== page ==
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Photochemical Modeling of Pluto’s Atmosphere

Presentation #308.04 in the session Pluto System (Oral Presentation)

Published onOct 23, 2023
Photochemical Modeling of Pluto’s Atmosphere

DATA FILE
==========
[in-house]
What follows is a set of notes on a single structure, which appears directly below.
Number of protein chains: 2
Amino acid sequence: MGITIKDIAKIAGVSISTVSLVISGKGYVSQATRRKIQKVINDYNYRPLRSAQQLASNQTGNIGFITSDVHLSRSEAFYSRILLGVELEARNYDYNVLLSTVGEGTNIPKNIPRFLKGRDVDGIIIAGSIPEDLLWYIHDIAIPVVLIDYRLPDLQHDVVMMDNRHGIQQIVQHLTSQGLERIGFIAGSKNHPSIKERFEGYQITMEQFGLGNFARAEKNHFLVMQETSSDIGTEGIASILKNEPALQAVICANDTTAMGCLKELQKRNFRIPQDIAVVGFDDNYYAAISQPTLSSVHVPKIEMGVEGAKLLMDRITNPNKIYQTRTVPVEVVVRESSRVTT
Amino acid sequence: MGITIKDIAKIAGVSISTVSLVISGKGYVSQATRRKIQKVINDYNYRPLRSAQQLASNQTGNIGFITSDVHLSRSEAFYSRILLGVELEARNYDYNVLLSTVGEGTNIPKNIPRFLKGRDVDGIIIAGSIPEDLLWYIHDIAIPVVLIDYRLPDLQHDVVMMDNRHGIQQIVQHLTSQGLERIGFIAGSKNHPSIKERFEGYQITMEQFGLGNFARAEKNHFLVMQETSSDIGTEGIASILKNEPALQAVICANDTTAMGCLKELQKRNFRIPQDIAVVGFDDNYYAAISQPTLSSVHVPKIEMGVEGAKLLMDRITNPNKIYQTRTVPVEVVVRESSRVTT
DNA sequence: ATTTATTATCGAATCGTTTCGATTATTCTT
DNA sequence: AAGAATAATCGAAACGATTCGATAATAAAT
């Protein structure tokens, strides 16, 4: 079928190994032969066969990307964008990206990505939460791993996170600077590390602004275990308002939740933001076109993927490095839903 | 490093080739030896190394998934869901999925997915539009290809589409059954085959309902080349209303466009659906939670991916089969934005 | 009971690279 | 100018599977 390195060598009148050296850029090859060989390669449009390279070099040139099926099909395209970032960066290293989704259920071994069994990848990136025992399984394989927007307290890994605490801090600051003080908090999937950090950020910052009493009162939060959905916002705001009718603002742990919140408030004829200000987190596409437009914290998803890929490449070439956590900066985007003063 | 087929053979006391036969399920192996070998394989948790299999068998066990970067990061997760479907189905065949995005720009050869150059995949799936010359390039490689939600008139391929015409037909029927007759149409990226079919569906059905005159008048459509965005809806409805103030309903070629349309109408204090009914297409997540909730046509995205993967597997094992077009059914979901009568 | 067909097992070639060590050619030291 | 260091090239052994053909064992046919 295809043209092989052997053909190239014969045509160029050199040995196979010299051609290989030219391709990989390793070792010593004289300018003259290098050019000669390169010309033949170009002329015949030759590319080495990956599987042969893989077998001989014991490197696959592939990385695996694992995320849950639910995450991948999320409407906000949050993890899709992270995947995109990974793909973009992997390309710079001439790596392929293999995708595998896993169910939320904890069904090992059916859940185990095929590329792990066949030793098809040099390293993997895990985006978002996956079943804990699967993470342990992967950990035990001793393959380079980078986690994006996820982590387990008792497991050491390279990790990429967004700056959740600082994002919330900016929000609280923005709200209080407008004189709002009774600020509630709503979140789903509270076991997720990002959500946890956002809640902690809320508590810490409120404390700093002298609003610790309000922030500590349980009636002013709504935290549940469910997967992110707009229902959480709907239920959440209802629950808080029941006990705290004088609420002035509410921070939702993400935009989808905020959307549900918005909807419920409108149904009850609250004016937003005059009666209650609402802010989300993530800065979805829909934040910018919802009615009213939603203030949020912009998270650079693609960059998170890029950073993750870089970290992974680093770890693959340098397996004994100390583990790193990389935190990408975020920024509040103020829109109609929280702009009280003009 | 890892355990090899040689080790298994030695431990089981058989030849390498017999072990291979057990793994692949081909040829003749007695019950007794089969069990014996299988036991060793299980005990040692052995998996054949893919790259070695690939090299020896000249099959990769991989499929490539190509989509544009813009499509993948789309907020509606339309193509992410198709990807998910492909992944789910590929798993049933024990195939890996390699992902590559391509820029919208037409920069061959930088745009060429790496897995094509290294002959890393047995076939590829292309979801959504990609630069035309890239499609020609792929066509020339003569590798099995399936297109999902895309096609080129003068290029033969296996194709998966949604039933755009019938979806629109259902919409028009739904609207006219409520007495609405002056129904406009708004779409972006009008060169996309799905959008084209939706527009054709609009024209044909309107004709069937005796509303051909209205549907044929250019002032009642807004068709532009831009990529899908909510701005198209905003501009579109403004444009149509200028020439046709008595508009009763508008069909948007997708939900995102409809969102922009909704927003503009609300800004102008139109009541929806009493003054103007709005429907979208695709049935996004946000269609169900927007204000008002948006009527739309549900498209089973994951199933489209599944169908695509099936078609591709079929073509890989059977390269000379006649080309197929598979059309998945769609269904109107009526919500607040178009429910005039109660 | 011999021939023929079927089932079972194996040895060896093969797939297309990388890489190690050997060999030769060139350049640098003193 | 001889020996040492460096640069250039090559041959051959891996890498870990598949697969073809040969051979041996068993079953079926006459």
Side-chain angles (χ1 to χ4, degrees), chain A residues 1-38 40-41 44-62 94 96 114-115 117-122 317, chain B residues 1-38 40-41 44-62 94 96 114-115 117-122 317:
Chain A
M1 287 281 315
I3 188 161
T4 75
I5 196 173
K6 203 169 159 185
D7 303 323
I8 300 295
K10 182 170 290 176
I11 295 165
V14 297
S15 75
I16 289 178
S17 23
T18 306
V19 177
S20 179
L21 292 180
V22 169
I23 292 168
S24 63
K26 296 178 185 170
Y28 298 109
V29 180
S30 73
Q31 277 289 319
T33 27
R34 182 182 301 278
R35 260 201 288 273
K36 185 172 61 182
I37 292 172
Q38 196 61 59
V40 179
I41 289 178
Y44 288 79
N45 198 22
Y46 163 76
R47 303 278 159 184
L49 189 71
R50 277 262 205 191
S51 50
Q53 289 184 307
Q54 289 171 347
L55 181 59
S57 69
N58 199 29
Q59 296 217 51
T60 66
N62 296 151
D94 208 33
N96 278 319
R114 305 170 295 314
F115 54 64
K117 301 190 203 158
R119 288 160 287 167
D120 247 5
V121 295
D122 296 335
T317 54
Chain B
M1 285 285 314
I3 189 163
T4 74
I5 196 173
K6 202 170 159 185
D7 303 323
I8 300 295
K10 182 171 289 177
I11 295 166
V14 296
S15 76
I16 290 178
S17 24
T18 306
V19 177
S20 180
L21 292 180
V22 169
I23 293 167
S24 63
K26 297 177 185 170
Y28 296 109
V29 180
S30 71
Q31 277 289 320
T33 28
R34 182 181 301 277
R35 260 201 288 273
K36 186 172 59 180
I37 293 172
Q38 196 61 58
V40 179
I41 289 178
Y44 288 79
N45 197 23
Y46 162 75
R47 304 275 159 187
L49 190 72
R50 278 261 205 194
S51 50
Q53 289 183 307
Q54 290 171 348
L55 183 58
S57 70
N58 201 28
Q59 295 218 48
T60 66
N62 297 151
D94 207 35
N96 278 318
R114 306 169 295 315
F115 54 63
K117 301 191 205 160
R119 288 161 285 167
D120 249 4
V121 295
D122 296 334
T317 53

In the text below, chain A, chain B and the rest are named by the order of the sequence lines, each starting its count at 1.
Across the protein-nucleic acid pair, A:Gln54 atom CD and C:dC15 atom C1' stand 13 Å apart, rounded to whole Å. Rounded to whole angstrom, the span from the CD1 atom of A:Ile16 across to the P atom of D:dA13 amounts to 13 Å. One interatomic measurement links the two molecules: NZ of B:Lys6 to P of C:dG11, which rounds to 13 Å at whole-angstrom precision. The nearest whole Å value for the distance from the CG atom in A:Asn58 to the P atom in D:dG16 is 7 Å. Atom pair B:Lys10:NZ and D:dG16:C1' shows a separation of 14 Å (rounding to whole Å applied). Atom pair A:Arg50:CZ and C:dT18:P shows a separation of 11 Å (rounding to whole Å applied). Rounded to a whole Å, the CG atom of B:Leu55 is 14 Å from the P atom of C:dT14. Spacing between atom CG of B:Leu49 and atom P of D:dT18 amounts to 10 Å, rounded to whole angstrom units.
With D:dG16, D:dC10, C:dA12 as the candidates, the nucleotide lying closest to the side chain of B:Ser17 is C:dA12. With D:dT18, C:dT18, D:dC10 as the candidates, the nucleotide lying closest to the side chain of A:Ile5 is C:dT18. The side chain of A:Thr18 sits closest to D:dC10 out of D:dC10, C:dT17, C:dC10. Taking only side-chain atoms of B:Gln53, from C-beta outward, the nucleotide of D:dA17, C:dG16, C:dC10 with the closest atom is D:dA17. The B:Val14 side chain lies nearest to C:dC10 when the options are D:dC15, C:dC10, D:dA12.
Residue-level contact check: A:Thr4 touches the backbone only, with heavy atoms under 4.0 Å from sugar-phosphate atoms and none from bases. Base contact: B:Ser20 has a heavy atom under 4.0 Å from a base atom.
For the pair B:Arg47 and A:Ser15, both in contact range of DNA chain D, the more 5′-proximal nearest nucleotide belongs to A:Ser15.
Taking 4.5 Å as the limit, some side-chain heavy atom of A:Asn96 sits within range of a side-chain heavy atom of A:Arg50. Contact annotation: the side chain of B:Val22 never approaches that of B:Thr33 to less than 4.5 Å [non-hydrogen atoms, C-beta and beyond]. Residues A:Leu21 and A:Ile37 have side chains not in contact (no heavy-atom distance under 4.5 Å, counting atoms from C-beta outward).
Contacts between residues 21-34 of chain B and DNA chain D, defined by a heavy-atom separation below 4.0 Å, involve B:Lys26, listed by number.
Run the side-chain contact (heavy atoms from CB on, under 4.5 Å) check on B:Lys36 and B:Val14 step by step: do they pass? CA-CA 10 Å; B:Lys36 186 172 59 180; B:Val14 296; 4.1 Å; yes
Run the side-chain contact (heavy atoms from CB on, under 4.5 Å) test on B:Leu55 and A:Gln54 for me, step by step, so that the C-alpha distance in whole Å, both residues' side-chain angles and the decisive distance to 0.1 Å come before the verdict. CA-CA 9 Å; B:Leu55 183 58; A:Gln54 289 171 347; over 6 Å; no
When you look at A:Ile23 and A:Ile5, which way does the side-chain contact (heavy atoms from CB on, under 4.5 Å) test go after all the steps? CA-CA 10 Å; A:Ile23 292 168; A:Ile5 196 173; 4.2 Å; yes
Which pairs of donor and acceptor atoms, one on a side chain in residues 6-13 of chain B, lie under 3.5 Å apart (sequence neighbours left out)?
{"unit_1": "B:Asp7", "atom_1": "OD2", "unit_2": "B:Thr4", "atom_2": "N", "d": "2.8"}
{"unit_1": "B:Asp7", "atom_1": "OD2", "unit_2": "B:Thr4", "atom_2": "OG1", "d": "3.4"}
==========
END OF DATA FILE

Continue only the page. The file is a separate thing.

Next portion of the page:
In 1976, methane was detected on Pluto (Cruikshank et al., 1976). The New Horizons mission mapped the vertical profiles of N2, CH4, C2H2, C2H4, C2H6, and haze from a UV solar occultation in 2015 (Young, 2017). Hydrocarbon and methane processing by UV photons and energetic particles produces other hydrocarbons and haze precursors. A bimodal haze distribution is necessary to explain the specific scattering patterns observed by New Horizons (Fan et al., 2022, Gao et al., 2017). Pluto’s low temperature (30° C lower than predicted) is explained by the presence of haze, which acts as a cooling agent. (Zhang et al., 2017). Previous occultations suggest a seasonal variation of haze in the atmosphere, which would in turn affect Pluto’s temperature profile. We use a 1-dimensional photochemical and transport model, KINETICS, to simulate how Pluto’s hazes respond to a change in solar UV flux (comparable to the UV flux from a solar flare) and the timeline on which this response occurs. This model was modified to include ion chemistry (both anions and cations), which we showed to have a substantial effect (roughly 108.5 vs 1010.5 seconds at the bottom of the atmosphere and 106 vs 108 seconds at the top of the atmosphere), in delaying the enhancement in formation of C2Hx hydrocarbon species. We also run a base case with only neutrals and subsets of ions (both anions and cations, only anions, only cations, and neither anions nor cations) to compare with other published modeling efforts and to analyze the effect of ions on the photochemistry of haze precursors. Our result shows that ions, specifically cations, have a substantial effect on haze production and should not be ignored in future efforts. Regardless of the configuration of the model run, C8H2 has the highest increase in mixing ratio in the upper atmosphere after the change in flux. Notably, if the model excludes cations, production of C2H4 in the lower atmosphere begins substantially earlier than production of other hydrocarbon species. Most haze precursors, 3x104 years after the change in flux, increase by 20-40% compared to their steady state pre-flare mixing ratio. The sole notable exception to this is HCN, which slightly decreased at all altitudes in all models.

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